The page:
Truth Ideas Which Reflect Personal Belief

Truth: Ideas Which Reflect Personal Belief Essay, Research Paper

J. Douglas Boyd 11/4/99

Society, Literature, and Truth Period 5

Truth: Ideas Which Reflect Personal Belief

When a writer composes a piece of literature, his sole task should be to convey

the truth of the subject matter he is discussing, no matter what the medium of his writing

may be. A truthful idea for me is authenticated by my own, personal beliefs, but not one

idea can be truthful to all. Sophocles, George Orwell, Joseph Conrad, and W.H. Auden,

share what they believe to be truthful ideas with their audiences. Through a writers

ability to verbalize ideas, and with the use of their personal writing style, what is truthful

to that writer can be conveyed to that writers audience, it is up to the audience to decide

whether what the writer believes to be truthful is truthful to them.

Sophocles was a great teller of truth. This is shown to me in his plays Oedipus

and Antigone, Sophocles was able to put into words the true feelings of desperation

one may feel. Both Creon, from Antigone, and Oedipus were shown the truth of what

their lives have come to, for Creon, his poor judgment management led to the death of

some of his loved ones. Oedipus dealt with the horrid realization that his belief in the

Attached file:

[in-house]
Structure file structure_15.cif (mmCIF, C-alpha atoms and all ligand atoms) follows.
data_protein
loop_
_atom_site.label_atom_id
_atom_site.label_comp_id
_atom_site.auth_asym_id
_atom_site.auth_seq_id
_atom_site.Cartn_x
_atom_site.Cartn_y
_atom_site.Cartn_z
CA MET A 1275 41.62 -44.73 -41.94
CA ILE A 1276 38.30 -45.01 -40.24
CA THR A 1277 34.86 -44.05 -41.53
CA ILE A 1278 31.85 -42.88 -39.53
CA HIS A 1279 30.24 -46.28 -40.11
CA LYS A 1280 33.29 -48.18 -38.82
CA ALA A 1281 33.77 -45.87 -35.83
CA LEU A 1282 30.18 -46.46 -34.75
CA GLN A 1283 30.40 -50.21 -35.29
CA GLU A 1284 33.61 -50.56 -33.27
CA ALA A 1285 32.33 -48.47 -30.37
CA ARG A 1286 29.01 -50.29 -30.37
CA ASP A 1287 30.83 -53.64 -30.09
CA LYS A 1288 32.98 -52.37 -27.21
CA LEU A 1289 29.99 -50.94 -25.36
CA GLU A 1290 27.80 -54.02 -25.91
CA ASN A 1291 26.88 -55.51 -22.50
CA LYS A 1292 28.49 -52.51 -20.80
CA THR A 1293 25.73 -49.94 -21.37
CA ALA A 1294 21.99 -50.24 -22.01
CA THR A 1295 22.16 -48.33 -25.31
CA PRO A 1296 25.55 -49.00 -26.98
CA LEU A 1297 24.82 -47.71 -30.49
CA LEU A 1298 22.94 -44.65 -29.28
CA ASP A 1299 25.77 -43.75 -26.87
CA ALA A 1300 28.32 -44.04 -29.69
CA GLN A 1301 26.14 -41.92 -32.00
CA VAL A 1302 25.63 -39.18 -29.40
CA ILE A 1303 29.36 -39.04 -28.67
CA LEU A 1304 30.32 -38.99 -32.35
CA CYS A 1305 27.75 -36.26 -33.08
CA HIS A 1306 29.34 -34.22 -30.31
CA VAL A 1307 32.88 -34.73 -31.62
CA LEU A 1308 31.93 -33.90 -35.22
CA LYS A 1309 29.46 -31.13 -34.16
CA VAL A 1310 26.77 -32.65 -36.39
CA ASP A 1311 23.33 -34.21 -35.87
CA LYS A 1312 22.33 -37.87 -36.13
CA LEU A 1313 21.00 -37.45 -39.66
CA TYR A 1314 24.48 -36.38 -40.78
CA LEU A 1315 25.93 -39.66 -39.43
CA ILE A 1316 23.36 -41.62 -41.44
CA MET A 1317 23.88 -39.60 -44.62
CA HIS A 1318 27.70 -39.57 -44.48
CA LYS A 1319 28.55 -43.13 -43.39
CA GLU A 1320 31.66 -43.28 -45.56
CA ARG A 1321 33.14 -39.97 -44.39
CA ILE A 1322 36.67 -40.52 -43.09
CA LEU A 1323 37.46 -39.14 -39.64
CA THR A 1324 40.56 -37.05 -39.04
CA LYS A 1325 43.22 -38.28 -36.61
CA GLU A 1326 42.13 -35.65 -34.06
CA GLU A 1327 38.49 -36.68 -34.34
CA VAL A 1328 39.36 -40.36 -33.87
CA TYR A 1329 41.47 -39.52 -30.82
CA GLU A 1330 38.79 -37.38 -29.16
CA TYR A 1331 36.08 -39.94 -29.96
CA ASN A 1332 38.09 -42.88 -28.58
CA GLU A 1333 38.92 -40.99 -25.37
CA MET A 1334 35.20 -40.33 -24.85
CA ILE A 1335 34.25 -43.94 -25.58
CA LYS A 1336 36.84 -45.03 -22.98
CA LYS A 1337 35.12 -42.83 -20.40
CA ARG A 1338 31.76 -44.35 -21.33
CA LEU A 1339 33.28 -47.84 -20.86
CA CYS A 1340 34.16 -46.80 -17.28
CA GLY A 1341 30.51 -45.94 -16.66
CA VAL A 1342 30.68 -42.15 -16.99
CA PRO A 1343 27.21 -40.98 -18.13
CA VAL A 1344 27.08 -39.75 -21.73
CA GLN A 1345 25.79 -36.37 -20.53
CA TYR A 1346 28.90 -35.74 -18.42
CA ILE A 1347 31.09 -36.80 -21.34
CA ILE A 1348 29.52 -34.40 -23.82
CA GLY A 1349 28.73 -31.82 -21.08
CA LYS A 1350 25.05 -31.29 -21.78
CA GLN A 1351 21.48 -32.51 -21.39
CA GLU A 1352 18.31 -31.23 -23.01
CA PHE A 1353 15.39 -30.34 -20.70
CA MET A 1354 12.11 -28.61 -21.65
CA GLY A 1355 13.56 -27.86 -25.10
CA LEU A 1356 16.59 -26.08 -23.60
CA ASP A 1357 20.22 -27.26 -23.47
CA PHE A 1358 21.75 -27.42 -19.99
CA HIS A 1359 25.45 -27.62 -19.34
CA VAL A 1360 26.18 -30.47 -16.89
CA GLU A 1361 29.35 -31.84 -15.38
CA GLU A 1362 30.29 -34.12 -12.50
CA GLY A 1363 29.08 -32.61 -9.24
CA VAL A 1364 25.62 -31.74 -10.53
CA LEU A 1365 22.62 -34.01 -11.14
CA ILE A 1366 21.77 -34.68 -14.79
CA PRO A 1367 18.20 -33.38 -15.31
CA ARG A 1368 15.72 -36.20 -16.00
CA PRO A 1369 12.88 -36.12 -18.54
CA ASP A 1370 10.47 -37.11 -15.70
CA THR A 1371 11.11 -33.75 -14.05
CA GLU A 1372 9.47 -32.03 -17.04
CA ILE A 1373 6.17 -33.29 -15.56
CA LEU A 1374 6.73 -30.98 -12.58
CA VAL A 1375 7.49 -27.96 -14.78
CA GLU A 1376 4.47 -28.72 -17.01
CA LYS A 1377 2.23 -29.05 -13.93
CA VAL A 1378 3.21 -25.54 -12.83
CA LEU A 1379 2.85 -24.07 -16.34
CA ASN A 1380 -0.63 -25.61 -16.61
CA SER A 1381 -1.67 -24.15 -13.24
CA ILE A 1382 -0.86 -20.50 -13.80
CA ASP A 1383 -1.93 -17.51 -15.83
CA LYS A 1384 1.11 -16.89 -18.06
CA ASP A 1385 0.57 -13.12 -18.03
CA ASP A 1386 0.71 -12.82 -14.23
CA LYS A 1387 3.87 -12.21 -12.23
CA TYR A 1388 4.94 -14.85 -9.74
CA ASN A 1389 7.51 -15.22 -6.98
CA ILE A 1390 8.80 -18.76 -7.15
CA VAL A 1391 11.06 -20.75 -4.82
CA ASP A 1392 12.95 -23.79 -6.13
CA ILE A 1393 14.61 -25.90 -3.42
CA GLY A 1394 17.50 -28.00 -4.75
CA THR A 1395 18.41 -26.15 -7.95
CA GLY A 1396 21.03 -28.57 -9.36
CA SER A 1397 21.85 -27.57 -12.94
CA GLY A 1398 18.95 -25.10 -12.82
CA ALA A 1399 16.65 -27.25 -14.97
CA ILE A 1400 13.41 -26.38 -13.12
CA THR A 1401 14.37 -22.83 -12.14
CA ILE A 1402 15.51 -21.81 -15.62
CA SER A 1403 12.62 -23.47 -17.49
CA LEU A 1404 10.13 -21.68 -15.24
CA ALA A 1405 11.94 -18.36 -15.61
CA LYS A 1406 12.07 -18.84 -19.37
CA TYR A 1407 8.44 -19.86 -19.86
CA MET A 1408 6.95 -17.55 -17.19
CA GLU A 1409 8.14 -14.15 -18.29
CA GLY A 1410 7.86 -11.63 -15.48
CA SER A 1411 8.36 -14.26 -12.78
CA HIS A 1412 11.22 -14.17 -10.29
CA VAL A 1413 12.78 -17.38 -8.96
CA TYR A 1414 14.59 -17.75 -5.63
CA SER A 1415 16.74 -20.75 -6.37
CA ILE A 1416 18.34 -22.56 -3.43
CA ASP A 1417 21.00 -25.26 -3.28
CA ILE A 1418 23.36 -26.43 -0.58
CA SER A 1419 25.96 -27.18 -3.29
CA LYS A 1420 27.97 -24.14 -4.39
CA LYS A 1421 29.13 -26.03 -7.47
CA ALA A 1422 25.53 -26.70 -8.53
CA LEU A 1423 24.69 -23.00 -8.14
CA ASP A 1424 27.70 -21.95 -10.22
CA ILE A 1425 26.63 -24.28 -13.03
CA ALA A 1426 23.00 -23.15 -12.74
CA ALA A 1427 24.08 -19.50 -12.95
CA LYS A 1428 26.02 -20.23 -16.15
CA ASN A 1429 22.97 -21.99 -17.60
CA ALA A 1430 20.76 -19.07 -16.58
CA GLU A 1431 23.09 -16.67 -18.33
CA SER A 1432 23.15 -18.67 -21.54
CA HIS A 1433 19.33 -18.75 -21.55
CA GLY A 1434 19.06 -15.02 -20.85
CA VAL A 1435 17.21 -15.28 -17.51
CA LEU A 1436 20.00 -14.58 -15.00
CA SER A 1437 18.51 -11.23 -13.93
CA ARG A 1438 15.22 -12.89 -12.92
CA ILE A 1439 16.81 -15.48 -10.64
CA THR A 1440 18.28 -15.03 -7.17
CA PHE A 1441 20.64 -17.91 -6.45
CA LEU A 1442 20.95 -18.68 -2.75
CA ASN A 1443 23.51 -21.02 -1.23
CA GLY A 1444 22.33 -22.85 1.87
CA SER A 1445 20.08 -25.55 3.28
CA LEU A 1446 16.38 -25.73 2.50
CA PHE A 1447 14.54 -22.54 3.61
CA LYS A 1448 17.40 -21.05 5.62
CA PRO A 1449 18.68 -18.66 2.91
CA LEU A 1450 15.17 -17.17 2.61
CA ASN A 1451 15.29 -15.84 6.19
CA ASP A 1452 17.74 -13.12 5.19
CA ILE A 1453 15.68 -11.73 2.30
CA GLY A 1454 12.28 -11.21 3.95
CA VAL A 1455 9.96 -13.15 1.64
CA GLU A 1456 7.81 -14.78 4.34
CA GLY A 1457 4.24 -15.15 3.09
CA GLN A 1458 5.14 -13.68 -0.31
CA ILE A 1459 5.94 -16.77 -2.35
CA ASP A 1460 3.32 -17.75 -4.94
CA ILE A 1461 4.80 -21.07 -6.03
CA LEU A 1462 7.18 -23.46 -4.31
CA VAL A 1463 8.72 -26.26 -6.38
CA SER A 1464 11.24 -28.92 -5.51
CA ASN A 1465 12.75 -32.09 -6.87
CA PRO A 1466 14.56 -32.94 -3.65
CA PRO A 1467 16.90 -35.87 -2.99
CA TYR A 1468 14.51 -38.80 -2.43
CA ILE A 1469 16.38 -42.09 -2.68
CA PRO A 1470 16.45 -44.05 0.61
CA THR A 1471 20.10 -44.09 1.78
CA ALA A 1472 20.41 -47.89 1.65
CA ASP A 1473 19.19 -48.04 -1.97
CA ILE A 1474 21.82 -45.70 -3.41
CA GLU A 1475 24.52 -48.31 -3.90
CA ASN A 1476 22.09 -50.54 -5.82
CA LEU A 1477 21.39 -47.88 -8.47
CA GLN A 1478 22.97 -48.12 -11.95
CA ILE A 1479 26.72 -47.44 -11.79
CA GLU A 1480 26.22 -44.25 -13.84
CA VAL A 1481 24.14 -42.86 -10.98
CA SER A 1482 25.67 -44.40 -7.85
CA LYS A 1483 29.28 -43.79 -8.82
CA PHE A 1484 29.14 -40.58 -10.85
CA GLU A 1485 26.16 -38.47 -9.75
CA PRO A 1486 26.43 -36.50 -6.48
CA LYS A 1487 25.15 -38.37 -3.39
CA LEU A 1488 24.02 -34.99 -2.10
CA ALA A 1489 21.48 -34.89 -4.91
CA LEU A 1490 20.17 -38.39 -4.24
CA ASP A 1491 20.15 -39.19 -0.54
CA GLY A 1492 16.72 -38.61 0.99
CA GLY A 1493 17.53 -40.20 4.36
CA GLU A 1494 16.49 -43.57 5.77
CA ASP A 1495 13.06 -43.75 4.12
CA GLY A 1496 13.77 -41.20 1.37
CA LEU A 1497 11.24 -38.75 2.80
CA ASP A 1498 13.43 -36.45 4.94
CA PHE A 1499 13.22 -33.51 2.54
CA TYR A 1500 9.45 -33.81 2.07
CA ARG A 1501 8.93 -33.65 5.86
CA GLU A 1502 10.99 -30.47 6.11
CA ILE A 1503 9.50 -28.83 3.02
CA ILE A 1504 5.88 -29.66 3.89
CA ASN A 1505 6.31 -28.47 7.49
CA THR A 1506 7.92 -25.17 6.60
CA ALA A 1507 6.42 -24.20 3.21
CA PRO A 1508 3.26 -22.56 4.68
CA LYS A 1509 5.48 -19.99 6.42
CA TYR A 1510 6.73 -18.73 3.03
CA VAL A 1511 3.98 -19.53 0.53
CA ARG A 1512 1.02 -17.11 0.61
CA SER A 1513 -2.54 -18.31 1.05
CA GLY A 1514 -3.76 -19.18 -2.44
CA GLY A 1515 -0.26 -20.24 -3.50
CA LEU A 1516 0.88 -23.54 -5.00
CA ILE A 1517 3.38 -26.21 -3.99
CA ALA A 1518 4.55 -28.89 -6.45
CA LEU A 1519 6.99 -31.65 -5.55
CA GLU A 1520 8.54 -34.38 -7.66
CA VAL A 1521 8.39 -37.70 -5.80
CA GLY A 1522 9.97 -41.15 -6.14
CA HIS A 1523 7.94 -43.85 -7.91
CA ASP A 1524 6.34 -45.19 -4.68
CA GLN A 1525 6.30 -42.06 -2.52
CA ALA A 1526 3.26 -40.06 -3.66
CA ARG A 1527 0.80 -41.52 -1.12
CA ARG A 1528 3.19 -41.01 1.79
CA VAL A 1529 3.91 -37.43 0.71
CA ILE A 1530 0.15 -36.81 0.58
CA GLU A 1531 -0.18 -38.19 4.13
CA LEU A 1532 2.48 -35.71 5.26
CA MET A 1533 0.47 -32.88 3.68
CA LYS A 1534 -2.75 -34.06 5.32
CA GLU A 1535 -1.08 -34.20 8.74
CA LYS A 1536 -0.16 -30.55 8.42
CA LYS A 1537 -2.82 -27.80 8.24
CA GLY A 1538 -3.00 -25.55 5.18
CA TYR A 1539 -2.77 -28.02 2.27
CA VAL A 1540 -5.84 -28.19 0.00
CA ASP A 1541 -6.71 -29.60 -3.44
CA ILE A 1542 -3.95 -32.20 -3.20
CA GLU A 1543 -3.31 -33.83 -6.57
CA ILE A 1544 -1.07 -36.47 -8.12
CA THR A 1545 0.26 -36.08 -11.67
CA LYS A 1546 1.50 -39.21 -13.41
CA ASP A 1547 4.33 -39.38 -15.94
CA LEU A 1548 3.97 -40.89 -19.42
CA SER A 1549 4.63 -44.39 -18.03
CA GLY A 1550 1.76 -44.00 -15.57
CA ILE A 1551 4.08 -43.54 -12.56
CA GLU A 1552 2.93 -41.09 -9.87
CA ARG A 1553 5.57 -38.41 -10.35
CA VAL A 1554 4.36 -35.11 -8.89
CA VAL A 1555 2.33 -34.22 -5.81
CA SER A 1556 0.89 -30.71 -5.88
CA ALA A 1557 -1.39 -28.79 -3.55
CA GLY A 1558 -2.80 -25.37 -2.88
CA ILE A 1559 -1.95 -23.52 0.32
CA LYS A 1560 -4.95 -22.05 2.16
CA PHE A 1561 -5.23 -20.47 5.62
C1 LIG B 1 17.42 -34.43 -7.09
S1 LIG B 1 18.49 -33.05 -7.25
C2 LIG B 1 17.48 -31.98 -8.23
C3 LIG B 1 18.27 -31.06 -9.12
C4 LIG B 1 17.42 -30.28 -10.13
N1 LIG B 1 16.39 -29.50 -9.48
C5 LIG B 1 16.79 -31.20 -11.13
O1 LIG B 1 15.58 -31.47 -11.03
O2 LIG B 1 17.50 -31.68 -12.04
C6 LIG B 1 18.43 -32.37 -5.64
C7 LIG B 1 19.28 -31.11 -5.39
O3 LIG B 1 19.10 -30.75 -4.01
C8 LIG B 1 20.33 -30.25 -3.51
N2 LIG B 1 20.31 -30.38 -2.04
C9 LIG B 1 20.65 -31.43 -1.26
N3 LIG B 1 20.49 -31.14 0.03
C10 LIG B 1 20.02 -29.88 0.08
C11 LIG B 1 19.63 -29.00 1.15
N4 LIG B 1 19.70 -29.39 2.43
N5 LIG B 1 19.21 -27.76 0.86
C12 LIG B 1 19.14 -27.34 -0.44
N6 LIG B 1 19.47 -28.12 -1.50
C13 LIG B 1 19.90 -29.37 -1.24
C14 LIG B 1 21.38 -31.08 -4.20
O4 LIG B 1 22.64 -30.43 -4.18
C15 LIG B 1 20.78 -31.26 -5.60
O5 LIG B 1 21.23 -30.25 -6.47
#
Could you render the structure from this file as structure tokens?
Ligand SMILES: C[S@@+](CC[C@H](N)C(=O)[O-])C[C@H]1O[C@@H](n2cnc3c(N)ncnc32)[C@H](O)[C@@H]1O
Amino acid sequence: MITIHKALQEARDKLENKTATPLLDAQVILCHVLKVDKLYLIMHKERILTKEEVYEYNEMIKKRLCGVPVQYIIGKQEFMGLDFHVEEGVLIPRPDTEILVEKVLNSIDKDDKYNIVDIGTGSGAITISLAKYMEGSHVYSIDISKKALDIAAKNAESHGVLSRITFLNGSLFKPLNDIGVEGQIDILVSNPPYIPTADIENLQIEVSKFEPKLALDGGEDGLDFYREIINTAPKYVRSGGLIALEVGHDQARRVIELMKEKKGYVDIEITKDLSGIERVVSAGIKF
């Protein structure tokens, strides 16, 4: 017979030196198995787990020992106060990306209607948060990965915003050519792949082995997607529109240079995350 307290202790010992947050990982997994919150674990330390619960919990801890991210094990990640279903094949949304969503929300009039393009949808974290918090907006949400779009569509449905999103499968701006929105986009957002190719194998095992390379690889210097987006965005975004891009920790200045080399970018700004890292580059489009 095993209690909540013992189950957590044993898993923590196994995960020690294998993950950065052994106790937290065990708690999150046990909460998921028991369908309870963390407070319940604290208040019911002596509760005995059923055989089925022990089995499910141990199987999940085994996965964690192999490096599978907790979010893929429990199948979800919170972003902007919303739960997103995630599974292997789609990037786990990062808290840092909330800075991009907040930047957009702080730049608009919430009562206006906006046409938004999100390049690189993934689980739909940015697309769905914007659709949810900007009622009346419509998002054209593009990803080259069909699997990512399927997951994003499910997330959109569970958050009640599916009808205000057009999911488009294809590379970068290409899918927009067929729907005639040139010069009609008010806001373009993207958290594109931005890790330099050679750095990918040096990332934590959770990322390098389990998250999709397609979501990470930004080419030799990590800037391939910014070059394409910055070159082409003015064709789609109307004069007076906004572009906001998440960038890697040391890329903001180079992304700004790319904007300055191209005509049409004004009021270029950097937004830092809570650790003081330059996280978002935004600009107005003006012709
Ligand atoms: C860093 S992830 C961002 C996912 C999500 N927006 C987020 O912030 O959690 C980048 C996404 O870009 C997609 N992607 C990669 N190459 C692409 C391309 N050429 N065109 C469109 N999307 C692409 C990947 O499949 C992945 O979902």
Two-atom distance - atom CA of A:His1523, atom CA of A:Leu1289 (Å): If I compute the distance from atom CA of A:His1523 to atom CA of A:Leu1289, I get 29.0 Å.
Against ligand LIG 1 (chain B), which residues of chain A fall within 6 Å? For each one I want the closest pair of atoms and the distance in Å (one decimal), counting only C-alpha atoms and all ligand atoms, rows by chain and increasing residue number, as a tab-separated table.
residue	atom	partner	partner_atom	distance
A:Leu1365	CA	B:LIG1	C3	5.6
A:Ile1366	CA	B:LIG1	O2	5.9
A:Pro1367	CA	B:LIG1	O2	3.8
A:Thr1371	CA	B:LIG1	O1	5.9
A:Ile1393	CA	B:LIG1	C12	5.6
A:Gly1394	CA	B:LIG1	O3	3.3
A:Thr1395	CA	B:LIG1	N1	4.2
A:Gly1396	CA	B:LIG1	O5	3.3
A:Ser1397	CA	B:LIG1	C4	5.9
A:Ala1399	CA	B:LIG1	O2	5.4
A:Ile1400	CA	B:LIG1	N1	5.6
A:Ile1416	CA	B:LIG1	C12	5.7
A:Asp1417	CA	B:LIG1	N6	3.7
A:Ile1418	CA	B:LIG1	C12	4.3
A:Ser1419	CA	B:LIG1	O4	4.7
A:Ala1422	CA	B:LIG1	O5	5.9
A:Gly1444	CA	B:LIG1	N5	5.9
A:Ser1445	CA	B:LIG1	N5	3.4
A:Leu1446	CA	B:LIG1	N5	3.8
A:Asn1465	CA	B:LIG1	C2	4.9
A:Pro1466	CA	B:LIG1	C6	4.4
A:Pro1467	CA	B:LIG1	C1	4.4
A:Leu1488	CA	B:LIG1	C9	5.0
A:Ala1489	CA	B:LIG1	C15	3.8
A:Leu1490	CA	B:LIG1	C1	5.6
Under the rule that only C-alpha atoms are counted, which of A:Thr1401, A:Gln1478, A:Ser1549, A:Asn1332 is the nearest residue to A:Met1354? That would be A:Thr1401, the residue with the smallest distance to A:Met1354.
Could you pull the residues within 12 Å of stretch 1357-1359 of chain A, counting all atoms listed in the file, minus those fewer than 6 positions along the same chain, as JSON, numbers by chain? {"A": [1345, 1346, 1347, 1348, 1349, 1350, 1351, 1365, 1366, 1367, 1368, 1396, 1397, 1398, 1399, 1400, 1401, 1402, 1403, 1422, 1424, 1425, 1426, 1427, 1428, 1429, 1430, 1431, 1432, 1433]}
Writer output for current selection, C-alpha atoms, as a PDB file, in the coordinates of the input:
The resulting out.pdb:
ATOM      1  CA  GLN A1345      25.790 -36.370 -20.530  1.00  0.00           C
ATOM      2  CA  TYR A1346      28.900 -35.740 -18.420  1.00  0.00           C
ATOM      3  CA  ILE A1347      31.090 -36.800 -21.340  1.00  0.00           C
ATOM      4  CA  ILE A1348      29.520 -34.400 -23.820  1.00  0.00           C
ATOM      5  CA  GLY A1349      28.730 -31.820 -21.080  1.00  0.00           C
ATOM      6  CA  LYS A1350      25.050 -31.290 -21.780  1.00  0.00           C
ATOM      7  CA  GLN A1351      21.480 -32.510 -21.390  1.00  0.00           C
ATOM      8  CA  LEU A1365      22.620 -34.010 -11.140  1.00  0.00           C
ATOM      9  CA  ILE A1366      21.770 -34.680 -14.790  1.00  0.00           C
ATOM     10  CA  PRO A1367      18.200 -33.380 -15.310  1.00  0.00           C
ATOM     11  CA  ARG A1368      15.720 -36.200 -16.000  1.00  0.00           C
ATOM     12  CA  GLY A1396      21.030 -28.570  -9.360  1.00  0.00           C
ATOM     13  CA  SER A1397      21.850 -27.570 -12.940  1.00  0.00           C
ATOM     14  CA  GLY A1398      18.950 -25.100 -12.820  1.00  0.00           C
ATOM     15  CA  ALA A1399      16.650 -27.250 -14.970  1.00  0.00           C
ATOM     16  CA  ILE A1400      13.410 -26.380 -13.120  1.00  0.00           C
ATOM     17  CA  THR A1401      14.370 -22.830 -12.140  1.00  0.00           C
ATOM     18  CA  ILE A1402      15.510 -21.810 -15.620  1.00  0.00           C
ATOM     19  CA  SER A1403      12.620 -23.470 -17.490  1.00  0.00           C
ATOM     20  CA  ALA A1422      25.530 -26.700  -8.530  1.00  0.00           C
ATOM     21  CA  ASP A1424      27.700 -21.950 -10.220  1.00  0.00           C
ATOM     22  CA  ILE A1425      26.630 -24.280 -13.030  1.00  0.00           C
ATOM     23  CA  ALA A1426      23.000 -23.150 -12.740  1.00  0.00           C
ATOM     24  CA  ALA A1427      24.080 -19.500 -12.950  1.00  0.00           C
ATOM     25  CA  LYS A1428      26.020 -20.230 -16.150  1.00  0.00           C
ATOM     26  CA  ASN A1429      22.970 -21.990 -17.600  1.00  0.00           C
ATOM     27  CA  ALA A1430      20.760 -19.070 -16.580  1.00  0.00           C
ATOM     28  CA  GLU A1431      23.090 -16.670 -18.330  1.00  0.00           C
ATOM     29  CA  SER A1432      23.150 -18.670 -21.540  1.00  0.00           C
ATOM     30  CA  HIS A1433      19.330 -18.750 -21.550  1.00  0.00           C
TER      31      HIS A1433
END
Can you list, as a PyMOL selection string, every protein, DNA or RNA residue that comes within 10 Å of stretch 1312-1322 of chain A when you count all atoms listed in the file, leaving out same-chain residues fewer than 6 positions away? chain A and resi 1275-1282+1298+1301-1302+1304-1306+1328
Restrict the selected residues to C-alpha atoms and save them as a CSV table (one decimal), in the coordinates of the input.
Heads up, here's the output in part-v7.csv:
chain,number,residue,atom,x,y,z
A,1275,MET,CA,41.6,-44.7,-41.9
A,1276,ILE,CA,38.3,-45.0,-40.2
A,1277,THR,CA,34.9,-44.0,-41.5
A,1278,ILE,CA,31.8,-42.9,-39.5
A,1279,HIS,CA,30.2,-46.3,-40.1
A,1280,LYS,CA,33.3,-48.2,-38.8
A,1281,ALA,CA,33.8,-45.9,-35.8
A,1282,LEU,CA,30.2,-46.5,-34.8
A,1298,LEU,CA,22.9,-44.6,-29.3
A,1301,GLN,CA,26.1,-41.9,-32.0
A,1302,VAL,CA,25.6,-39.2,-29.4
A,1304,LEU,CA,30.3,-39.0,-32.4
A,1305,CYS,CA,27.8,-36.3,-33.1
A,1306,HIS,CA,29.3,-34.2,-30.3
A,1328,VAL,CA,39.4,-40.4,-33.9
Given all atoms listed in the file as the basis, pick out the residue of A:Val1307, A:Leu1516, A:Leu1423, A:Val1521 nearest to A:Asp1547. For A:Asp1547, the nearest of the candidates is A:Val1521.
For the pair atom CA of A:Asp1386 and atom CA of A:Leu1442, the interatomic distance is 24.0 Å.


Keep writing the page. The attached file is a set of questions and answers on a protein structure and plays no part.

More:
idea that he was the controller of his own fate, was false, and that the oracle was correct.

Both of these tragic figures did not fully understand the drastic effects of what they had

brought upon themselves. I, at times, demonstrate some of Creon s poor judgment, and

lack of priority management. From what I accept as true from Sophocles tale, I learned

that I should think things through so as not to do anything that could later be detrimental.

Many people believe in fate, I personally do not, but I do believe in misery, and if

someone brings it upon themselves, they must deal with it accordingly, by whatever

means necessary. On occasion, I do some things that take less brain power than your

average bear, so to speak, and either bring myself to mild shame, or some other sort of

grief. Although I may not accept a main idea of Sophocles Oedipus Rex as truthful, I

do find that punishing myself can be more fruitful and result procuring than having

someone scoff in my face, or have someone else allot me a punishment.

George Orwell is another great writer who uses a unique style to show what he

believes as being truthful, and it just so happens that I agree with some of his truths. In

his short story, Shooting An Elephant, Orwell demonstrates the truth that, pardon my

French, the masses are asses, and the power of group pressure can be so overwhelming

it makes one exercise acts they would normally disapprove of. It is clear to see that

Orwell objects to killing the elephant, and he has reasons as to why the elephant should

not be killed. He reasons with himself, and the pressure of the natives causes him to act

restlessly, and kill the elephant. This killing could have avoided completely, had the